Angie: If Trump wins, I fear for my future and the future of my younger brothers. I would feel betrayed by our country if Donald Trump wins the popular vote and electoral vote. If he has that many supporters, our country is doomed.
Keila: I feel devastated and hopeless. My future is potentially ruined.

Do you fear for your status in this country?
Angie: Yes, I fear that white people will feel even more superior and our country will be segregated once again. I fear that everything my parents sacrificed to get me where I am now was all for nothing.
Keila: Yes. I don’t want DACA to be removed because it takes away my opportunity to have a career or work in the U.S. This is my home, and not being able to work is terrifying.

Did you ever not want to disclose your citizenship but felt forced to?
Angie: Sometimes I fear that I will be treated differently if I disclose that I am from Mexico. For example, when searching for a job, it becomes twice as hard since I am not considered a citizen.
Keila: Every time I wanted to apply for a job. Not even a matter if I qualified or not, simply because I don’t have permission to work in this country.

In what direction would you like to see this country going in the future in terms of immigration policy?
Angie: I would like to see the process move forward and not backward. That is why I fear Trump winning. He will revoke my deferred action qualification, and I fear I will be forced to leave my school and home.
Keila: They should hurry the citizenship process. Cut the test because no U.S. citizen even knows the stuff tested in it, and it seems unfair.

After the election:

Now what? How do you feel?
Angie: Knowing that Trump is our elected president has me in great disbelief. I am overwhelmed by the new laws he promised to enforce that affect me as a minority and a woman. I have spent half of my life here in the United States, this is my home. I worked super hard in school to get to where I am today, and now he threatens to revoke my new rights. I feel like we are repeating history, and I am disappointed in our country more than ever.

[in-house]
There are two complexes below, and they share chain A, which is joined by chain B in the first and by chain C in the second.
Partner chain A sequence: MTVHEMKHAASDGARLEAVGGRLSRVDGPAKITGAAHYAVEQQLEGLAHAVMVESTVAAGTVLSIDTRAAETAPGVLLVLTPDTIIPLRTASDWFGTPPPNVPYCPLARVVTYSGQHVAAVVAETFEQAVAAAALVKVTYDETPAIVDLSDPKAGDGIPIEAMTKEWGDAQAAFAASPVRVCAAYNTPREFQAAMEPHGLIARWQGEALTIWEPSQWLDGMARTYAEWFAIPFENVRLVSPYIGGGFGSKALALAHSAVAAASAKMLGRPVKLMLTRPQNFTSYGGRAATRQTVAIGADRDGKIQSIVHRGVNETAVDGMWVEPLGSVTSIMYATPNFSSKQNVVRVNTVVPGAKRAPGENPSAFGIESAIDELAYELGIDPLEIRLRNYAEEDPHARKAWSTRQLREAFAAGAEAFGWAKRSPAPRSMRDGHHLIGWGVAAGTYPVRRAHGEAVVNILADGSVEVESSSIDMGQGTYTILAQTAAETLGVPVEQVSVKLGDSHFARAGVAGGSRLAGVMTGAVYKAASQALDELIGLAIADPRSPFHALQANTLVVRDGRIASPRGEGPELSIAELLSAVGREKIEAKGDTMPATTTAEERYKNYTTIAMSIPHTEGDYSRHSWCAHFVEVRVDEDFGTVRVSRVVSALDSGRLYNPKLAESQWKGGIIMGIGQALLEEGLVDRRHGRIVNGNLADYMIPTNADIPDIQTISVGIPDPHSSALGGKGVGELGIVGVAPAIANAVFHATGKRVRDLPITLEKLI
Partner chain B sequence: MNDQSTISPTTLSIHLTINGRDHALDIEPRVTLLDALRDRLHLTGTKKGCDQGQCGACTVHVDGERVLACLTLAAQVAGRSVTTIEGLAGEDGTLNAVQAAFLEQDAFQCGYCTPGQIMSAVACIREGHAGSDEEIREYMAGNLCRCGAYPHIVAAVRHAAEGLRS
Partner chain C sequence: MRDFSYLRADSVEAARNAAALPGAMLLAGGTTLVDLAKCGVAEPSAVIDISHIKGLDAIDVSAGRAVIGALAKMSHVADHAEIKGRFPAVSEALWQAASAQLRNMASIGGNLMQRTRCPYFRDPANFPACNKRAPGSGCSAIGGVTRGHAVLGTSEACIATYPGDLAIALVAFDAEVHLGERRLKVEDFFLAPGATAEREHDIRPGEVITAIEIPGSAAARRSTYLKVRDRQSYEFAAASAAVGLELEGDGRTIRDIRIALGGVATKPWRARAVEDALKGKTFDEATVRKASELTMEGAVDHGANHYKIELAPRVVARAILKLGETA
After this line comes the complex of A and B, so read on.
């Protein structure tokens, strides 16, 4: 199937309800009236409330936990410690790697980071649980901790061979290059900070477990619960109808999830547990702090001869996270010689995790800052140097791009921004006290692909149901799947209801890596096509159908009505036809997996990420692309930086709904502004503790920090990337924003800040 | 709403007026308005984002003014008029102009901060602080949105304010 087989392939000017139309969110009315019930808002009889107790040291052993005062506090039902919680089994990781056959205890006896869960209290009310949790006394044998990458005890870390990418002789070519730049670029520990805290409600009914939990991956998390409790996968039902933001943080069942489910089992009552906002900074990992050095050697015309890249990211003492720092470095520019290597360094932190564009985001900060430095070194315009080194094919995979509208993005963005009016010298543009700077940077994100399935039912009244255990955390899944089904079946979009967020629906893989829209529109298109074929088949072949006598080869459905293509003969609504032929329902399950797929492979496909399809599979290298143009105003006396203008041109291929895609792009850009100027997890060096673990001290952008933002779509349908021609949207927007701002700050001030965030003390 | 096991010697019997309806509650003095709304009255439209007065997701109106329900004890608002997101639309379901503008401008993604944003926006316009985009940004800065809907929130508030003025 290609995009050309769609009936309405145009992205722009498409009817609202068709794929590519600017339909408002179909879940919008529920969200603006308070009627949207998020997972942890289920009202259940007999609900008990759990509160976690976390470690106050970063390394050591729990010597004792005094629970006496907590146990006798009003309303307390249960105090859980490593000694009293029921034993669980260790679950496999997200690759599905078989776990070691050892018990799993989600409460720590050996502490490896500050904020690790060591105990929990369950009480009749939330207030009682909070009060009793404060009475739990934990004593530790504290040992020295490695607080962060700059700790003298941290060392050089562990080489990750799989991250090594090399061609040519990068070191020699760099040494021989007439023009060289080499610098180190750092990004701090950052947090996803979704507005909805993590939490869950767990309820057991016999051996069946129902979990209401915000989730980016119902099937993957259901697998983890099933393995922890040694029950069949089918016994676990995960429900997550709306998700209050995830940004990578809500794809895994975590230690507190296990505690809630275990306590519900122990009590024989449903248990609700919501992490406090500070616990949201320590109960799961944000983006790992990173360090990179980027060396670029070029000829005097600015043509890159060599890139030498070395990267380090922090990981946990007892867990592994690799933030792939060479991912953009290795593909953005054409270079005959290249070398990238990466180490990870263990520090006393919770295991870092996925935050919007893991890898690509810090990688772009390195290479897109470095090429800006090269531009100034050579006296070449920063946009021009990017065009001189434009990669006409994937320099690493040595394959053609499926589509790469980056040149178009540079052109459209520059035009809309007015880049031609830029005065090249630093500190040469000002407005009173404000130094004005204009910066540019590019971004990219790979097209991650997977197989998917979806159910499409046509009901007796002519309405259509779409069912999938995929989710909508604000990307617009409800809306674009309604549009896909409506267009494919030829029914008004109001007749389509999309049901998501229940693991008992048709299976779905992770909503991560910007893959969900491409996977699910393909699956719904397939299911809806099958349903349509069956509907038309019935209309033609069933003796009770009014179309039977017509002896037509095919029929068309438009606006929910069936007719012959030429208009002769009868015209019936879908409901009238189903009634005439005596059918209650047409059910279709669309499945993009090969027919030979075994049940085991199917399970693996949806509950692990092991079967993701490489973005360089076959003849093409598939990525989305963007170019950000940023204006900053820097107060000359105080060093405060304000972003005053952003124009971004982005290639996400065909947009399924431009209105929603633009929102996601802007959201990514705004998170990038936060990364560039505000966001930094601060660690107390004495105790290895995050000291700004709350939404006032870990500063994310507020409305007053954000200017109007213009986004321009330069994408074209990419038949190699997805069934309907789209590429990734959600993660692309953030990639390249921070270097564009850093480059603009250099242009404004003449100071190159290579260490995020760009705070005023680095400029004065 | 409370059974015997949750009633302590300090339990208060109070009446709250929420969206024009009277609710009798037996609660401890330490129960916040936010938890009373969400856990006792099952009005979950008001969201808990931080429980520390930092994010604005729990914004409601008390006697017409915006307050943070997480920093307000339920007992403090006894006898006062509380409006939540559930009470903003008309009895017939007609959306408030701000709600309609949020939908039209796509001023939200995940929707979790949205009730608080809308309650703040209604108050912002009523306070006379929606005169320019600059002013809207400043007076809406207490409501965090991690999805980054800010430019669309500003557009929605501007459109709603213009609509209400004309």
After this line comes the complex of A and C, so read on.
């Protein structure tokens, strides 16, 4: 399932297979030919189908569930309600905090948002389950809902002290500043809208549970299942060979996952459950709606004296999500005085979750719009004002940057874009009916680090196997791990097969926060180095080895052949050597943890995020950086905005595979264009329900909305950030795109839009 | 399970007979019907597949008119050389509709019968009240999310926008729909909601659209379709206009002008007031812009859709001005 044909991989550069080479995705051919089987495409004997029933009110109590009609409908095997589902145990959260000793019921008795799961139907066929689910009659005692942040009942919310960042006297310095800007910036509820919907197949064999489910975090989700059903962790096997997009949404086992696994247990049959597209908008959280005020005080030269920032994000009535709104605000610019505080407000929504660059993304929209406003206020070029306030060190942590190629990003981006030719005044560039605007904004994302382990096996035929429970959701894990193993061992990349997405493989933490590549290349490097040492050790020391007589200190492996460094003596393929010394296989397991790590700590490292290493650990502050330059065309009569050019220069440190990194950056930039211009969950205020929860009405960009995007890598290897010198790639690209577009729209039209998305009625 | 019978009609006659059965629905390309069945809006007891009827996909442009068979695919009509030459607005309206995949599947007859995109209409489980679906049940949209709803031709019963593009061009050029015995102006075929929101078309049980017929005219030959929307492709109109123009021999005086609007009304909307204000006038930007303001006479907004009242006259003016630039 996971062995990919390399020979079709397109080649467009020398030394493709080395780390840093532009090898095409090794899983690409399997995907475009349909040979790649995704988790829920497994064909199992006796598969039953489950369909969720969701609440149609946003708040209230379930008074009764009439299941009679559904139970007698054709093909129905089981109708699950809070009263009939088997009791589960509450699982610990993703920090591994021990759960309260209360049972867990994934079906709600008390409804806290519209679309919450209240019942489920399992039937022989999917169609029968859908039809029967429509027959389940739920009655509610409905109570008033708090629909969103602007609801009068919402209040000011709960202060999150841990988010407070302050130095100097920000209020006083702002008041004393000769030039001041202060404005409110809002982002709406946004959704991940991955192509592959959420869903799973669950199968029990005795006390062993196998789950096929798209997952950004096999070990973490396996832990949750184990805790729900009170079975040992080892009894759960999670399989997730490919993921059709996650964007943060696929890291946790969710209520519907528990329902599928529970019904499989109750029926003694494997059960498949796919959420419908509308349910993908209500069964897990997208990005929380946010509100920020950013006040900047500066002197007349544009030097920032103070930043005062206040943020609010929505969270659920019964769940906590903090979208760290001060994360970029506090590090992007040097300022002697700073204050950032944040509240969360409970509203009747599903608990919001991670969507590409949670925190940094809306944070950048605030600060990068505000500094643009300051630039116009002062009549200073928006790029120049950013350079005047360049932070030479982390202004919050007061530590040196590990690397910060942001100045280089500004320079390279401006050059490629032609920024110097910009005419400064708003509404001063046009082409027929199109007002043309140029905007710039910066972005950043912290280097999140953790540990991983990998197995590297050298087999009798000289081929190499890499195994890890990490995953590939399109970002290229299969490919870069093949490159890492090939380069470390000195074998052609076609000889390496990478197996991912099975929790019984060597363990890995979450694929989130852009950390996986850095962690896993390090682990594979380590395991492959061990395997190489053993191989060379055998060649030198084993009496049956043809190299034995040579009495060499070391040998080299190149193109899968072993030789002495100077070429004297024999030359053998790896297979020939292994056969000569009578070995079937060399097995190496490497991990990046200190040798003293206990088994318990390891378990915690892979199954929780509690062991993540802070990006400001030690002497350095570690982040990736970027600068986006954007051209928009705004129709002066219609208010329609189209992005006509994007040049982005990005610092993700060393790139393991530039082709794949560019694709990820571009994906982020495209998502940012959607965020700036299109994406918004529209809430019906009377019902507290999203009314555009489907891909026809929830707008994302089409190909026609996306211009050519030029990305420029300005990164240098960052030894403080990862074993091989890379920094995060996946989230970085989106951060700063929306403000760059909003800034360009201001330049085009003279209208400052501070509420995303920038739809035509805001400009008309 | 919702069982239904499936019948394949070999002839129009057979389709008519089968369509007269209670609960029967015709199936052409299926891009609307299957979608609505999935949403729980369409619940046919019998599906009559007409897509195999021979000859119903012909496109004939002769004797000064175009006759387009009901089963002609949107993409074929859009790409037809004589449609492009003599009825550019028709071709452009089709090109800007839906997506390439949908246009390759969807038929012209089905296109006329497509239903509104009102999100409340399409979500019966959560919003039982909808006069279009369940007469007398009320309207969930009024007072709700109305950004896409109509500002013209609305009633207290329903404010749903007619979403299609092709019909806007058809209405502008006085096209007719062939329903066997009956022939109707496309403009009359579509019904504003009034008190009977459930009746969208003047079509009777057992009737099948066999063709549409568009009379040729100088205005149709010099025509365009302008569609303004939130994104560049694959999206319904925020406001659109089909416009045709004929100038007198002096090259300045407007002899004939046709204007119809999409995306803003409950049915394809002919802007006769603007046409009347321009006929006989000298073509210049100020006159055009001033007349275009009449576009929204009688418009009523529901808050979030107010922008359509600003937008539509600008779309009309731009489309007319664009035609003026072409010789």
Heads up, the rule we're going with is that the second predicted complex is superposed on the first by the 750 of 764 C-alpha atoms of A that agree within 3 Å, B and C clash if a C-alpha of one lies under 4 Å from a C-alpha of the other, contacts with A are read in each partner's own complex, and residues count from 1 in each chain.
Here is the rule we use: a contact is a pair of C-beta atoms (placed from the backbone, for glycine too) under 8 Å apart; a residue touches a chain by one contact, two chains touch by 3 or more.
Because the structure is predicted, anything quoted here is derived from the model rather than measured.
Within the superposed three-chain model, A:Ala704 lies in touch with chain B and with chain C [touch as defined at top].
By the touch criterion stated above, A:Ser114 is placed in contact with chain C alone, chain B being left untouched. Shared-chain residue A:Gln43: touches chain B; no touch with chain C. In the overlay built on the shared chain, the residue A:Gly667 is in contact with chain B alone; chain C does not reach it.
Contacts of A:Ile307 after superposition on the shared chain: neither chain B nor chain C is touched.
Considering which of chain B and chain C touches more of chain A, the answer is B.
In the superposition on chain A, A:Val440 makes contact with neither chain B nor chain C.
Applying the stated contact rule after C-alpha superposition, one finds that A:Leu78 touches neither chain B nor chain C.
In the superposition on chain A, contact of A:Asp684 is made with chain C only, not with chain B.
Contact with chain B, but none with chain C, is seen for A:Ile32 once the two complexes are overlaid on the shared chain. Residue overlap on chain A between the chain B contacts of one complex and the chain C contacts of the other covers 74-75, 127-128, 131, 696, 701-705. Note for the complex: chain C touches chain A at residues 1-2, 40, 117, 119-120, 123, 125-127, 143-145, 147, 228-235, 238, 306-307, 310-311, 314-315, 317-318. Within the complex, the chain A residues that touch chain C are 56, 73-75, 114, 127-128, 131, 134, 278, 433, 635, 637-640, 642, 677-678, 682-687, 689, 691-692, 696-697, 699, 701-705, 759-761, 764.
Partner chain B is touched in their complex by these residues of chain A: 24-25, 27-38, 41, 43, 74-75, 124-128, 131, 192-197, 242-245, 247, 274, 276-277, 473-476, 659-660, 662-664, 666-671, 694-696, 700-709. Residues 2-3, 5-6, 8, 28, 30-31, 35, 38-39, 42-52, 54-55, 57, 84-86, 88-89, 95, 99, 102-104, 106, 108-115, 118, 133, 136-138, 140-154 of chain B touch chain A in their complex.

Keila:  Now I am scared. Now I am only hoping that Trump doesn’t repeal DACA and not deport millions of people.

What are you going to do?
Angie: I protested last night when he got elected, and I will continue to use my freedom of speech to fight for our human rights. All we have is our voice, but it can be powerful and reach long distances if we stay united.
Keila:  I am going to renew my DACA and make sure California resists Trump’s plans.

How does your family feel?
Angie: My mom called me last night sounding like she had been crying. My parents are in fear that everything they sacrificed to give us the best possible life is being taken from them in the near future. I cannot stand this.
Keila: My family is devastated, shocked, worried and feel at threat just as I am.

How do you think the next four years will be?
Angie: The next four years definitely seem scary; I sense there will be a revolution or movement of some sort. There is no way we are going to stand by and watch an unqualified racist determine our futures.
Keila: The next four years will be horrible, and I think there will be riots and perhaps war. There will be lots of controversy and no progress.

A version of this story appeared on p.5 of the Thursday, Nov. 17, 2016 print edition of the Daily Nexus.